1872 Cup: Part 1

A mildly rejuvenated Edinburgh came to a muddy Murrayfield looking to improve their recent good run and compound Glasgow’s misery. Glasgow meanwhile would have been hoping their dominance in this fixture over the last few years might trump the form book which has them on something of a slide.

It wasn’t as fiery as previous encounters but the first half still saw three yellow cards. One was for persistent infringement, the other two for a mild scuffle between Tom Brown and Stuart Hogg that looked worse than it was when they ended up over the back of the advertising hoardings. Glasgow’s defenders threw themselves into everything tackle-wise which also resulted in cautionary periods on the deck for Seymour and Swinson; Seymour did not recover from his head knock. Glasgow’s aforementioned enthusiasm also led to an early card to Holmes for taking out Laidlaw behind the ruck.

So there were plenty of stoppages, and plenty of penalties in the first period.

Greig Laidlaw had a good start with the boot, getting the scoreboard moving early, and Weir was able to match him from the tee. With Edinburgh playing at the national stadium, it’s not an atmosphere or location either team would be afraid to play in. Indeed with Glasgow providing much of the Scotland team this year and Edinburgh fielding many foreign players not yet naturalised, the visitors may even have been more at home.

To start with though, they weren’t made to feel too welcome as Edinburgh came out and pushed them about.

Edinburgh are starting to look very well drilled as a pack, putting together breakdown dominance for sustained periods and for once doing the pushing off the ruck rather than being shunted themselves. They even managed a couple of forward drives Al Kellock would have been proud of.

As well as that they seem to have clawed back a bit of their flair with Tonks distributing well from 10, one such time setting Cuthbert and Fife loose to combine out wide for the try. In their pomp and with Visser on the park Edinburgh used to score tries like this for fun, a reminder that they can make it look frustratingly easy at times.

Edinburgh came out blasting after half time with the score sitting at 16-9, with Fife again scything down the wing but Denton unable to make his run shortly thereafter count.

With only two backs on the bench, Glasgow already had Jackson on for Seymour on the wing and when Jackson himself went off it was Ryan Wilson’s turn to move out wide. Weir took a penalty back for the visitors  but with the way Edinburgh were attacking there only looked like one winner at that point.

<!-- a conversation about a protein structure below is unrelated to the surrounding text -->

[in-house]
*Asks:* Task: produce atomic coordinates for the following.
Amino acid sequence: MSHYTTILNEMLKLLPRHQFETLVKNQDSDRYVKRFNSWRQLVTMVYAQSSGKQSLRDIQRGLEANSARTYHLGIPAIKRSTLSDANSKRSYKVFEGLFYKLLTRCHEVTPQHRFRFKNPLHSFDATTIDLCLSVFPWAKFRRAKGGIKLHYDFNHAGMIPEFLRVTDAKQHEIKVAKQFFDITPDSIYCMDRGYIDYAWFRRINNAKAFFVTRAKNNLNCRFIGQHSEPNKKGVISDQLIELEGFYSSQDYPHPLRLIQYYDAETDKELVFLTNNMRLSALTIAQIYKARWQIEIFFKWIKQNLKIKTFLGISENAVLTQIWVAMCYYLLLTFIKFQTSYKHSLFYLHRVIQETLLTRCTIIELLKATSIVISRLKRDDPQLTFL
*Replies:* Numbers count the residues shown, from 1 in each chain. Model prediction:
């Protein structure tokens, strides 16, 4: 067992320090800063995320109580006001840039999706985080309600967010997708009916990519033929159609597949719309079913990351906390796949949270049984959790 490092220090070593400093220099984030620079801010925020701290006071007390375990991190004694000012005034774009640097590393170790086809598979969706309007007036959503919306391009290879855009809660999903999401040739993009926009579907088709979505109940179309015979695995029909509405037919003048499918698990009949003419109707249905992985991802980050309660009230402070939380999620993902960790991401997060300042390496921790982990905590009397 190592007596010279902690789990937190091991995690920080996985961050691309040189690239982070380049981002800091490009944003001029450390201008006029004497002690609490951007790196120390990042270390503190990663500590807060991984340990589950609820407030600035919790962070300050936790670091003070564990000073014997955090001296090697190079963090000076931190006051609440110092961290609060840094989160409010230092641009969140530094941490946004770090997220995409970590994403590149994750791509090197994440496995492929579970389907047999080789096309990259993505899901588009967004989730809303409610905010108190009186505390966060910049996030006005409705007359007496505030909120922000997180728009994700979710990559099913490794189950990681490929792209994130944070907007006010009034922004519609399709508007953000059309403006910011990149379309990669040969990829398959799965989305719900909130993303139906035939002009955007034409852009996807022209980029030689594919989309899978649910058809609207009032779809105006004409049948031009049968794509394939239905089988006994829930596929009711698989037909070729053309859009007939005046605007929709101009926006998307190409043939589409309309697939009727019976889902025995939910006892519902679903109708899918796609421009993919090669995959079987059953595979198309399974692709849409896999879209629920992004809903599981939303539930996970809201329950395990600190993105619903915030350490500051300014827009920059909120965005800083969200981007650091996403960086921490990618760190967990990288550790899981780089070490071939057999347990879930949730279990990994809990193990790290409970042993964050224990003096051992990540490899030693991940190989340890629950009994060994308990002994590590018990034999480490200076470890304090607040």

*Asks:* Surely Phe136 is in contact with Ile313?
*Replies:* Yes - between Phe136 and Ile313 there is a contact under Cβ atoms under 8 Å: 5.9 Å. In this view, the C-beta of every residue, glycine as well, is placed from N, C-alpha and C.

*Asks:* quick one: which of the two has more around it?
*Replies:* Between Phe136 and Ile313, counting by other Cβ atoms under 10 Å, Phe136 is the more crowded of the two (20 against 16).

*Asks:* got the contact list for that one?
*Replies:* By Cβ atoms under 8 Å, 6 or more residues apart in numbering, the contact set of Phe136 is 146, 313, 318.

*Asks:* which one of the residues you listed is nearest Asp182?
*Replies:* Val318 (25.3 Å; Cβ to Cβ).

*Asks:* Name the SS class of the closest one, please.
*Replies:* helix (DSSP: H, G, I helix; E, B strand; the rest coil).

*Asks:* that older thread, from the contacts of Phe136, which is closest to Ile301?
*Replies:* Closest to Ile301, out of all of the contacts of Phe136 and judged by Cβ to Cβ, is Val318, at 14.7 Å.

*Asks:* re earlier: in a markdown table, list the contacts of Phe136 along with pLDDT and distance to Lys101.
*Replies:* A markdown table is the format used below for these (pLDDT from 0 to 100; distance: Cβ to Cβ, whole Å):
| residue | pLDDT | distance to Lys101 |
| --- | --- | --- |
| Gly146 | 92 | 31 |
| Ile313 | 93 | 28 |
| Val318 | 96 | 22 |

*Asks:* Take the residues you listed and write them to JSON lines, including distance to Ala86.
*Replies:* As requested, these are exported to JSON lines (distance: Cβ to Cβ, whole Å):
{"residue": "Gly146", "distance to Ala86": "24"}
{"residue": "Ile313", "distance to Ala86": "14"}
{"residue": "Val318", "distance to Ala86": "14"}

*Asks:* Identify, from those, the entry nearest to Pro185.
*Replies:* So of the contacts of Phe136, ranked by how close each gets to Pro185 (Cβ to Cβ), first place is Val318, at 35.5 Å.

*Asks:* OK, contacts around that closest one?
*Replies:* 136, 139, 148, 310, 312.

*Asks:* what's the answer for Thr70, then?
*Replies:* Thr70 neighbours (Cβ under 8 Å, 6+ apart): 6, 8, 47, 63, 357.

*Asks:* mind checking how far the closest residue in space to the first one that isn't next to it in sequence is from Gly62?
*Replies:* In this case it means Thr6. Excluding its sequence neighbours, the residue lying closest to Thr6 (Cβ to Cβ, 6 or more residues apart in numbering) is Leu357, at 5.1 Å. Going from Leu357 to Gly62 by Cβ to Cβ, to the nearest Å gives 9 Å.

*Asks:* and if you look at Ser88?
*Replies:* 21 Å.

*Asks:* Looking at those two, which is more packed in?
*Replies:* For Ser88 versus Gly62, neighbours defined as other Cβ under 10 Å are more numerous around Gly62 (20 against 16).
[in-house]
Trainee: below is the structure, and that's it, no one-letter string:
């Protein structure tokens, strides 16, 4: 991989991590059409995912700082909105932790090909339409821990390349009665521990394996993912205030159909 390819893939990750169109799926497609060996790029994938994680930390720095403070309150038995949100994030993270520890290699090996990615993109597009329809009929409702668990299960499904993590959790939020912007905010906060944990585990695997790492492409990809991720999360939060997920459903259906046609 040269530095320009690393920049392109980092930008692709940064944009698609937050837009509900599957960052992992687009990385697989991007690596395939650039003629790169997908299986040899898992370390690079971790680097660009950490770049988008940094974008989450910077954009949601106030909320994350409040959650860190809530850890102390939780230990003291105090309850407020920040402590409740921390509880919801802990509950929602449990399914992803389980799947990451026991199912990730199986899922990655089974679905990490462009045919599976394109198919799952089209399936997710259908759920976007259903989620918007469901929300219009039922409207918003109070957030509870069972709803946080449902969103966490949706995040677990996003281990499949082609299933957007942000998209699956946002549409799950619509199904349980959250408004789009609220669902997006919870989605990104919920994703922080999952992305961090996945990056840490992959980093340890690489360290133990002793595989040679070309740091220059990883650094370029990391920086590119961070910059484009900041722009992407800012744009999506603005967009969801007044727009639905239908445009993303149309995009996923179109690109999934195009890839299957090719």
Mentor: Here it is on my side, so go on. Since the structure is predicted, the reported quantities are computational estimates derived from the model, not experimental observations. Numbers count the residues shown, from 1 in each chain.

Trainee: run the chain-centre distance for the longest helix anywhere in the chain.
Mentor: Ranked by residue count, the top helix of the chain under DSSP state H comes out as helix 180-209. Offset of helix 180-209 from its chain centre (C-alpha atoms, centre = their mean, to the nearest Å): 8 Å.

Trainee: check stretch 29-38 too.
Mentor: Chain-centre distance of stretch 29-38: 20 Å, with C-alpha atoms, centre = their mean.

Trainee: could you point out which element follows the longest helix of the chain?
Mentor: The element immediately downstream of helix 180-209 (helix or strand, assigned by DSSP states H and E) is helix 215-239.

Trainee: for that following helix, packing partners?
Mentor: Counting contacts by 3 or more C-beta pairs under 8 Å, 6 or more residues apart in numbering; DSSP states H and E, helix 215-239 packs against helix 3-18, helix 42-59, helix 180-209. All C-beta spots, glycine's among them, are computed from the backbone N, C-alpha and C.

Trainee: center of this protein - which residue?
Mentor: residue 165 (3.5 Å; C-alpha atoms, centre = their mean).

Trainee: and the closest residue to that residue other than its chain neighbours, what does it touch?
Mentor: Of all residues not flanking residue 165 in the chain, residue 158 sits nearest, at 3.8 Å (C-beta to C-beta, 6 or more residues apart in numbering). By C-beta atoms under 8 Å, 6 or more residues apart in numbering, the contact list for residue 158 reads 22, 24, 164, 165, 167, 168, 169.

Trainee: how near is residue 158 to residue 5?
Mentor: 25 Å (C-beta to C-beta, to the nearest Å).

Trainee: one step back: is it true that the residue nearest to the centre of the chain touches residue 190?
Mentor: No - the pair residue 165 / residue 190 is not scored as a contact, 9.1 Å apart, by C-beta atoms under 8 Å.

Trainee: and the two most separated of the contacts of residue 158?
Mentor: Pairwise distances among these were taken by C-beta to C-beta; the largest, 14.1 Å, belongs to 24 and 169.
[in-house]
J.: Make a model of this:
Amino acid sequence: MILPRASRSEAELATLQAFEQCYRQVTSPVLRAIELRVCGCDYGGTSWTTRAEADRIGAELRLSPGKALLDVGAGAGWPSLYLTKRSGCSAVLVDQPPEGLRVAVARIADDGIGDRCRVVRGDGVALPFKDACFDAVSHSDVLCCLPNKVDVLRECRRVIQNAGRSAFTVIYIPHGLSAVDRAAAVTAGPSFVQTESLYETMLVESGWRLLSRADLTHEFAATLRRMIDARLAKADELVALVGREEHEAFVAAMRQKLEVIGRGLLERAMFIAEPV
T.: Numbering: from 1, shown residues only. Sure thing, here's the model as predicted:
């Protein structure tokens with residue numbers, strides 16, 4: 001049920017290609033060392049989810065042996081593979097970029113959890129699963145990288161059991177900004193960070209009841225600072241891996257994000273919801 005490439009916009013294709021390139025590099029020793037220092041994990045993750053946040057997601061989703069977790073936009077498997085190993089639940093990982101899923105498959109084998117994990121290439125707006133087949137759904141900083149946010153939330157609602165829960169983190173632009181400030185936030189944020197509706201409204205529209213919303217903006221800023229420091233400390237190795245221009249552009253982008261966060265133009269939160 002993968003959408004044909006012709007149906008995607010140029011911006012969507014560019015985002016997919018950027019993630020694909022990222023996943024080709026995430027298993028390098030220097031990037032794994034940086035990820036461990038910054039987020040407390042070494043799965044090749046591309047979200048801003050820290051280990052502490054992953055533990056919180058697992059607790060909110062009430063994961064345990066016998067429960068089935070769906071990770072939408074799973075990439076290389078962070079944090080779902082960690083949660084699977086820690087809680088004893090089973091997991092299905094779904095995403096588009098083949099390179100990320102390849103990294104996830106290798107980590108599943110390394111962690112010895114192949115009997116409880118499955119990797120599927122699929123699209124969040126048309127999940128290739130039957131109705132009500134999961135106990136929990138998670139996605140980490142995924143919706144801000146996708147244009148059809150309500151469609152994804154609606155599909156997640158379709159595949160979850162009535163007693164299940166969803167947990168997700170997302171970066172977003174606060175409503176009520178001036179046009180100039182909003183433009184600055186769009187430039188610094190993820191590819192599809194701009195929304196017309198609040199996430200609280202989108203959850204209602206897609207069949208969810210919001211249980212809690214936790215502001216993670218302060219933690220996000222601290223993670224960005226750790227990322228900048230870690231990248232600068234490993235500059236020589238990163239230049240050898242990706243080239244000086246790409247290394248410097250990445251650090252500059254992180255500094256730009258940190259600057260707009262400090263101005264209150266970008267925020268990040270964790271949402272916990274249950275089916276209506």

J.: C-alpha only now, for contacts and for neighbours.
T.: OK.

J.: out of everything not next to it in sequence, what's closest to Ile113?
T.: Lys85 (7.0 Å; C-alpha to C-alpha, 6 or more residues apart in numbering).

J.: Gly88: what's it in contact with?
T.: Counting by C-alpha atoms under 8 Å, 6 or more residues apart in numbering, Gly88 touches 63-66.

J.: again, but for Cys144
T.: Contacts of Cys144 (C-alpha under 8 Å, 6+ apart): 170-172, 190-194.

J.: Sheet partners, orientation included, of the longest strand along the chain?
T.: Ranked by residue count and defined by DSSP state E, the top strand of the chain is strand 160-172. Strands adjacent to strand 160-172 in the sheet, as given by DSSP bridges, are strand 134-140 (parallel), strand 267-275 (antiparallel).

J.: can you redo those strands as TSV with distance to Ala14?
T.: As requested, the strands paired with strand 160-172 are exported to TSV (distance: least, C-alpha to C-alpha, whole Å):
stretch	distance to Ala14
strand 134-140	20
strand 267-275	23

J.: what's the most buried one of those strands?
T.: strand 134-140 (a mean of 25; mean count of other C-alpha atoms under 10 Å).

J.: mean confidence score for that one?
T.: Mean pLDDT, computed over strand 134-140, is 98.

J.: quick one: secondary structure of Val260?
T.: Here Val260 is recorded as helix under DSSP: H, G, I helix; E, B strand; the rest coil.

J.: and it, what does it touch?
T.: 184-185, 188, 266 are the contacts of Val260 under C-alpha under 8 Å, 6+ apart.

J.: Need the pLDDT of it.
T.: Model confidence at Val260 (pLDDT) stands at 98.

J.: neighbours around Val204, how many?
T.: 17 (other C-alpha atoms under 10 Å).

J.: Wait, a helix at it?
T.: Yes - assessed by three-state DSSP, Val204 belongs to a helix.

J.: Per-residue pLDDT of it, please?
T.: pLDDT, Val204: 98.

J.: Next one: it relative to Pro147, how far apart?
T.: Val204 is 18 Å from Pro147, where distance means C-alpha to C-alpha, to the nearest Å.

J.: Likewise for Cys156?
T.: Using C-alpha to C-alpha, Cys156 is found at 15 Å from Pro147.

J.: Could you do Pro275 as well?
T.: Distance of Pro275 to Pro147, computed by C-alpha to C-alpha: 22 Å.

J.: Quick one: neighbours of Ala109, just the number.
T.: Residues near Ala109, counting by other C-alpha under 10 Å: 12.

Around the 50-minute mark they were gifted a penalty after some Rob Harley backchat moved it from half way into the Glasgow half. Both Tonks and Cuthbert would probably be able to kick from this range – Cuthbert certainly – and it was odd that Laidlaw took what for him might be considered a gamble, that would have seen Glasgow need two scores to win or a converted try to draw had it paid off.

Edinburgh did not score again.

Chris Cusiter was a stable and assured presence for Glasgow and as captain should take some of the credit for willing his team back into this game. Recently with Matawalu at 9 Glasgow have chased things too much, but here they simply waited like a malevolent tortoise to haul the hare back. Weir kicked a penalty with twenty to play and suddenly there Glasgow were: within a point. Having got them within range, the captain was taken off and his charges left to see if they could bring home the points that had until ten minutes previously looked very unlikely.

Edinburgh came within inches of a second try as Du Preez was held out, and Glasgow defended furiously before breaking out and taking it back to the middle of the park.

Stuart Hogg and the Glasgow backs had been quiet, but when Dunbar slid past Tonks’s outside shoulder off a pass from Josh Strauss and offloaded from the tackle to Van Der Merwe, Hogg flew past all the chasers – most of them in white – to slide on to the Canadian’s chip kick.

In the end that try was all it took to break Edinburgh who can take much from this performance, but sadly in a derby against their fierce rivals it is not the sort of result they will take much heart from. A tough turnaround to go to Scotstoun next week, but it will show us all what sort of team they really are.

FT Edinburgh 16-20 Glasgow Warriors

There will be more on the head to heads after the second leg as they relate to Scotland, but a few notes on Scotland players:

Winners:
Greig Tonks – suddenly looks a very useful prospect at fly half. Great range of kicks, and not afraid to attack or defend. Was caught out for Hogg’s try though.
Jack Cuthbert – possibly the form fullback in Scotland, of the four possible on the park (Tonks, Maitland, Hogg were the other three).
Ross Ford – just when you write him off he seems to have discover a new lease of life. If he played like this every week he’d be the Scotland first choice on merit rather than a lack of alternatives. Hugely physical performance.
Chris Cusiter – his battle with Laidlaw is possibly the most important as Laidlaw’s presence or lack of it in any Scotland team determines the makeup of the rest of the back division, kicker-wise. If Glasgow had chased this game they would have lost. That they didn’t, and wore their way back in to the contest should be credited in no small part to their captain Cusiter.
Stuart Hogg – a quiet return to play in the centre but his try reminded us that if we want pace in the Scotland backline, he has to slot in somewhere.

Losers: